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Fri Mar 20, 2020, 07:38 PM

Unions call to halt Chilean mines

Unions call to halt Chilean mines
Bnamericas
Published: Friday, March 20, 2020

Chilean mining unions are calling to drastically reduce the workforce of state and private sector operations to thwart the expansion of COVID-19.

“We’ve asked all private mining companies to guarantee health and safety of all their workers and just have the minimum personnel required to operate critical facilities,” Óscar Villaroel, VP of private mining sector supervisors union Fesumin told BNamericas.

Unionized workers at state-owned Codelco’s Chuquicamata and BHP’s Escondida copper mines are asking authorities to halt operations, alleging contagion risks when using buses to travel to and from the mine sites, and in canteens.

“At Chuqui we have 4,600 workers from five different unions but if we add contractors the number rises to 8,000. There's a high contagion risk because we don’t have enough medical and prevention supplies. The right decision to avoid new coronavirus cases is to shut down the operation,” Chuquicamata’s number 3 union secretary, Miguel Véliz, told BNamericas.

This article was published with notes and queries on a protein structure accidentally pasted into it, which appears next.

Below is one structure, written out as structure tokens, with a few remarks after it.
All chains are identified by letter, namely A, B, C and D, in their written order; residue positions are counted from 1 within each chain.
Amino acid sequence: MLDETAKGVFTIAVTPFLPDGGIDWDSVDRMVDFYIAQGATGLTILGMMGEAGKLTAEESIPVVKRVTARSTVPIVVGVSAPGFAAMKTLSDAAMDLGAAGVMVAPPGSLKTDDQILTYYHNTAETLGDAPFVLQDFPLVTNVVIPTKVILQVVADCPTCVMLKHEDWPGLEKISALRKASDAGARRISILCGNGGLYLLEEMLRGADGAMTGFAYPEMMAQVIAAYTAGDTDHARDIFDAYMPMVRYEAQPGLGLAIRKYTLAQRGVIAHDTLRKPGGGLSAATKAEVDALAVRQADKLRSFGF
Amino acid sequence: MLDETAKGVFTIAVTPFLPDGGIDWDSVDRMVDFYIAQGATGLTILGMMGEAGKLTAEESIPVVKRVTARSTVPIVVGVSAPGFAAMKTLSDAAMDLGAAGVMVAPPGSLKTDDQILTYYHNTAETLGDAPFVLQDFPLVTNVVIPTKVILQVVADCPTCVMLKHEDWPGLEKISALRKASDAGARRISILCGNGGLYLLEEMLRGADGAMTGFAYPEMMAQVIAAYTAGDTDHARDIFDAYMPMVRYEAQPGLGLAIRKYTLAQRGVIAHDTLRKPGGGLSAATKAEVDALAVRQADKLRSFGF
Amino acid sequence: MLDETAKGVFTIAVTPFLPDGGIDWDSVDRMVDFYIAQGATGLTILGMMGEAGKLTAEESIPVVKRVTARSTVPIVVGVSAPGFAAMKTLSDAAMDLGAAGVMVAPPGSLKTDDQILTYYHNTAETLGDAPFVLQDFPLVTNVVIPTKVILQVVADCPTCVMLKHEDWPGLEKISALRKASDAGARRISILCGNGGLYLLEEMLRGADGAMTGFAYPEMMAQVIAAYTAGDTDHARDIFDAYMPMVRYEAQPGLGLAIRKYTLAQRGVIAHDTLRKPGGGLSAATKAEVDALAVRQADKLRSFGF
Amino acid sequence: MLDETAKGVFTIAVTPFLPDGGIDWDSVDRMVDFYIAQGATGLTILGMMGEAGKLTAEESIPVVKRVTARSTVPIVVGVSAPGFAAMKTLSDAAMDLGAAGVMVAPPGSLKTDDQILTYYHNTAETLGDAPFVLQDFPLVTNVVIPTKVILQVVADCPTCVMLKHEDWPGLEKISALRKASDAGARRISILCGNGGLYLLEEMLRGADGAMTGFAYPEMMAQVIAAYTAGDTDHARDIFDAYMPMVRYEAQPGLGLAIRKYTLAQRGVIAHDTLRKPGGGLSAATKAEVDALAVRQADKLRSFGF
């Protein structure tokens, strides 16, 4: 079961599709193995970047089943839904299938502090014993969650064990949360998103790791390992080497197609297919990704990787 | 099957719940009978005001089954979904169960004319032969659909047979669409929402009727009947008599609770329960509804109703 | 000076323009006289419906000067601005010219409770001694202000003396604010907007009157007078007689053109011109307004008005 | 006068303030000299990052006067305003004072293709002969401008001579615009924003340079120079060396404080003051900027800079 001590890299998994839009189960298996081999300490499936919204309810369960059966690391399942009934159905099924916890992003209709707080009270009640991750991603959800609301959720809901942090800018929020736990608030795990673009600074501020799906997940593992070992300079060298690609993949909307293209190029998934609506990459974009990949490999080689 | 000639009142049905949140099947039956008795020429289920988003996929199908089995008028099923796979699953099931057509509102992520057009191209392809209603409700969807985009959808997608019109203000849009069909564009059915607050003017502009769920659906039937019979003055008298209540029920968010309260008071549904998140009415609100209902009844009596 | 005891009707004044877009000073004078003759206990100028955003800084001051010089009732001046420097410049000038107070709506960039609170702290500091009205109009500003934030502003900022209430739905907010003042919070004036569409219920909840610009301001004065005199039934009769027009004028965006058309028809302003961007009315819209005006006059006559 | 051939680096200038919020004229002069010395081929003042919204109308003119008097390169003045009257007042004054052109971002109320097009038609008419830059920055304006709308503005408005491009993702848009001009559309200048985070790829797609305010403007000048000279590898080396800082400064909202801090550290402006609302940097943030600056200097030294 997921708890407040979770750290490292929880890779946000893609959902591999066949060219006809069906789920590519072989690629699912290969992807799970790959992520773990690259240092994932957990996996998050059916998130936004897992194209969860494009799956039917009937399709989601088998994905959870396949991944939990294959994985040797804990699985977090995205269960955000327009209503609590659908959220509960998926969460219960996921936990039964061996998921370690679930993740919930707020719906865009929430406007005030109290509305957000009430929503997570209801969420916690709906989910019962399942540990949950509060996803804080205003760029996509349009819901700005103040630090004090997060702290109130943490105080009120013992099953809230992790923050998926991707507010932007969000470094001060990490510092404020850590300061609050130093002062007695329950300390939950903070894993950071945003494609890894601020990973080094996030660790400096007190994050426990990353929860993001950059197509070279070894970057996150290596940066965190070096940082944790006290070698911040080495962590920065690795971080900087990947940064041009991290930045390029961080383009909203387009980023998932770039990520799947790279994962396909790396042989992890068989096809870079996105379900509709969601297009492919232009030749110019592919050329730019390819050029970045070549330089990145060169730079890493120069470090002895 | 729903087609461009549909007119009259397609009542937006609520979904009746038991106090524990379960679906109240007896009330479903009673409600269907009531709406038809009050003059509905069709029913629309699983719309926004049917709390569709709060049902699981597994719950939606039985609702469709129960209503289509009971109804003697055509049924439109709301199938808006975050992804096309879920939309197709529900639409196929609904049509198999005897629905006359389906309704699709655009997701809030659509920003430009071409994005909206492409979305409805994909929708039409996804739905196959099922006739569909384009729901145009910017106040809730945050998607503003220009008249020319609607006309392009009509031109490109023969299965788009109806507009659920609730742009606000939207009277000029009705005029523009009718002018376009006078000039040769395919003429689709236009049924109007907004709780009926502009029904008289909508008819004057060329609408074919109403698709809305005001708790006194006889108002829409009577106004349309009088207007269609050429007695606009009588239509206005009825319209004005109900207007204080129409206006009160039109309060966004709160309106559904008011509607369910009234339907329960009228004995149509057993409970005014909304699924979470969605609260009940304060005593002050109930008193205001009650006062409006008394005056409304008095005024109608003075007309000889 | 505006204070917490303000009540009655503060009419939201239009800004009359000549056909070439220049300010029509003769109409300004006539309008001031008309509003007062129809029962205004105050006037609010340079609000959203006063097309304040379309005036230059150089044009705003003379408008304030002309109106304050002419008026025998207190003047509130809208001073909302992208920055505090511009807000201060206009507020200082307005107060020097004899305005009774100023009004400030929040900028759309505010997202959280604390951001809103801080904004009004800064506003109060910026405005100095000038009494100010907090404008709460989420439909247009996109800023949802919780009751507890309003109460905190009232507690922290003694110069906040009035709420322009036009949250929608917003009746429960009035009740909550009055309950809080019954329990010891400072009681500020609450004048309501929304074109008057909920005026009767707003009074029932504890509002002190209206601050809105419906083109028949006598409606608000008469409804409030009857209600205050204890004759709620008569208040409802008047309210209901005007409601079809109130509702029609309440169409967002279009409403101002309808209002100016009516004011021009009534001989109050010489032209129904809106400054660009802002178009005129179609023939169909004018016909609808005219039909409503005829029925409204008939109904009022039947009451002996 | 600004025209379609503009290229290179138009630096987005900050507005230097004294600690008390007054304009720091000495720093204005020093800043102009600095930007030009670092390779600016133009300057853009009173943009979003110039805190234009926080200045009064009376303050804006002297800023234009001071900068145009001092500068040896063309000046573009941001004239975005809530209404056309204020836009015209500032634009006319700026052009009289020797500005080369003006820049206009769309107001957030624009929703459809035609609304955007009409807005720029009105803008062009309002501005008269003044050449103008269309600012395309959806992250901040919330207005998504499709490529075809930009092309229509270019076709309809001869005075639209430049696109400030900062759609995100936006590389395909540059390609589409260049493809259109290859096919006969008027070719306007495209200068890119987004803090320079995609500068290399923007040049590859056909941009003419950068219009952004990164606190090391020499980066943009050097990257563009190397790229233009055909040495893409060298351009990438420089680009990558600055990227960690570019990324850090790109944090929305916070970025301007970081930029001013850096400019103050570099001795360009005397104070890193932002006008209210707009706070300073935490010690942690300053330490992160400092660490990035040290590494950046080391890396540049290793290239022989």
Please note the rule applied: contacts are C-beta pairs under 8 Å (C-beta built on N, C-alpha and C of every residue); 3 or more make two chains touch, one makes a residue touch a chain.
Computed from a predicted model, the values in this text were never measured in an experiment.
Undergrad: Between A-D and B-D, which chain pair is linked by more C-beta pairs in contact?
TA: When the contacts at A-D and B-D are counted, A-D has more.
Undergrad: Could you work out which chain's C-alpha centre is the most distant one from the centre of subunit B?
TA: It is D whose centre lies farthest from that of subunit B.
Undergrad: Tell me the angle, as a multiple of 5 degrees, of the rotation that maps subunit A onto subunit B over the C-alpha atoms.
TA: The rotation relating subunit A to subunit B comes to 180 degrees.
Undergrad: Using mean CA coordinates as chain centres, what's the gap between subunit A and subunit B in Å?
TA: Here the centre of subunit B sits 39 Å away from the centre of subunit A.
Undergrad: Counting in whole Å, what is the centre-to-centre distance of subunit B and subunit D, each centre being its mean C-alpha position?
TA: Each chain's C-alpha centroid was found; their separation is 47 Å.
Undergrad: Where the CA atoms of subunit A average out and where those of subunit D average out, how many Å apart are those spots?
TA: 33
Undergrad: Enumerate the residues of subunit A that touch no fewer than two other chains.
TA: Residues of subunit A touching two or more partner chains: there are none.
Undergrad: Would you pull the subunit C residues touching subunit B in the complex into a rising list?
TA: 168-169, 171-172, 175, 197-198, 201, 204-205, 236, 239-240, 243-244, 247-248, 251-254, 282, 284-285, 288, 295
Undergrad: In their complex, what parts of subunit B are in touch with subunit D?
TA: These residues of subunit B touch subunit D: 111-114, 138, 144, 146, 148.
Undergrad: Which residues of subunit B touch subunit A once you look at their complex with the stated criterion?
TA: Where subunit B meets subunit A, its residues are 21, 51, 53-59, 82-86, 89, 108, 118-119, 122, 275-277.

More:
https://www.bnamericas.com/en/news/unions-call-to-halt-chilean-mines


Images of Chuquicamata mine, in Chile:

https://tinyurl.com/tsuta9n


Earthshots: Satellite Images of Environmental Change
You are hereHome » Mining» Chuquicamata Mine, Chile



The Atacama Desert of northern Chile has minimal vegetation. But it has ample mineral wealth: large amounts of copper, gold, silver, and other industrial metals. This includes the world’s largest open pit copper mine and the second deepest open pit—the Chuquicamata Mine.

In operation since 1910, the largest open pit at the mine measures 1 kilometer deep, 3 kilometers wide, and 5 kilometers long. New York City’s Central Park could fit inside it.

Evidence shows that copper has been extracted in the region for centuries. Indigenous people worked the copper deposits in pre-Hispanic times to make weapons and tools. The mine now produces 650,000 metric tons of copper annually.

More:
https://earthshots.usgs.gov/earthshots/node/113#ad-image-0-0



Image of Chuquicamata graveyard.



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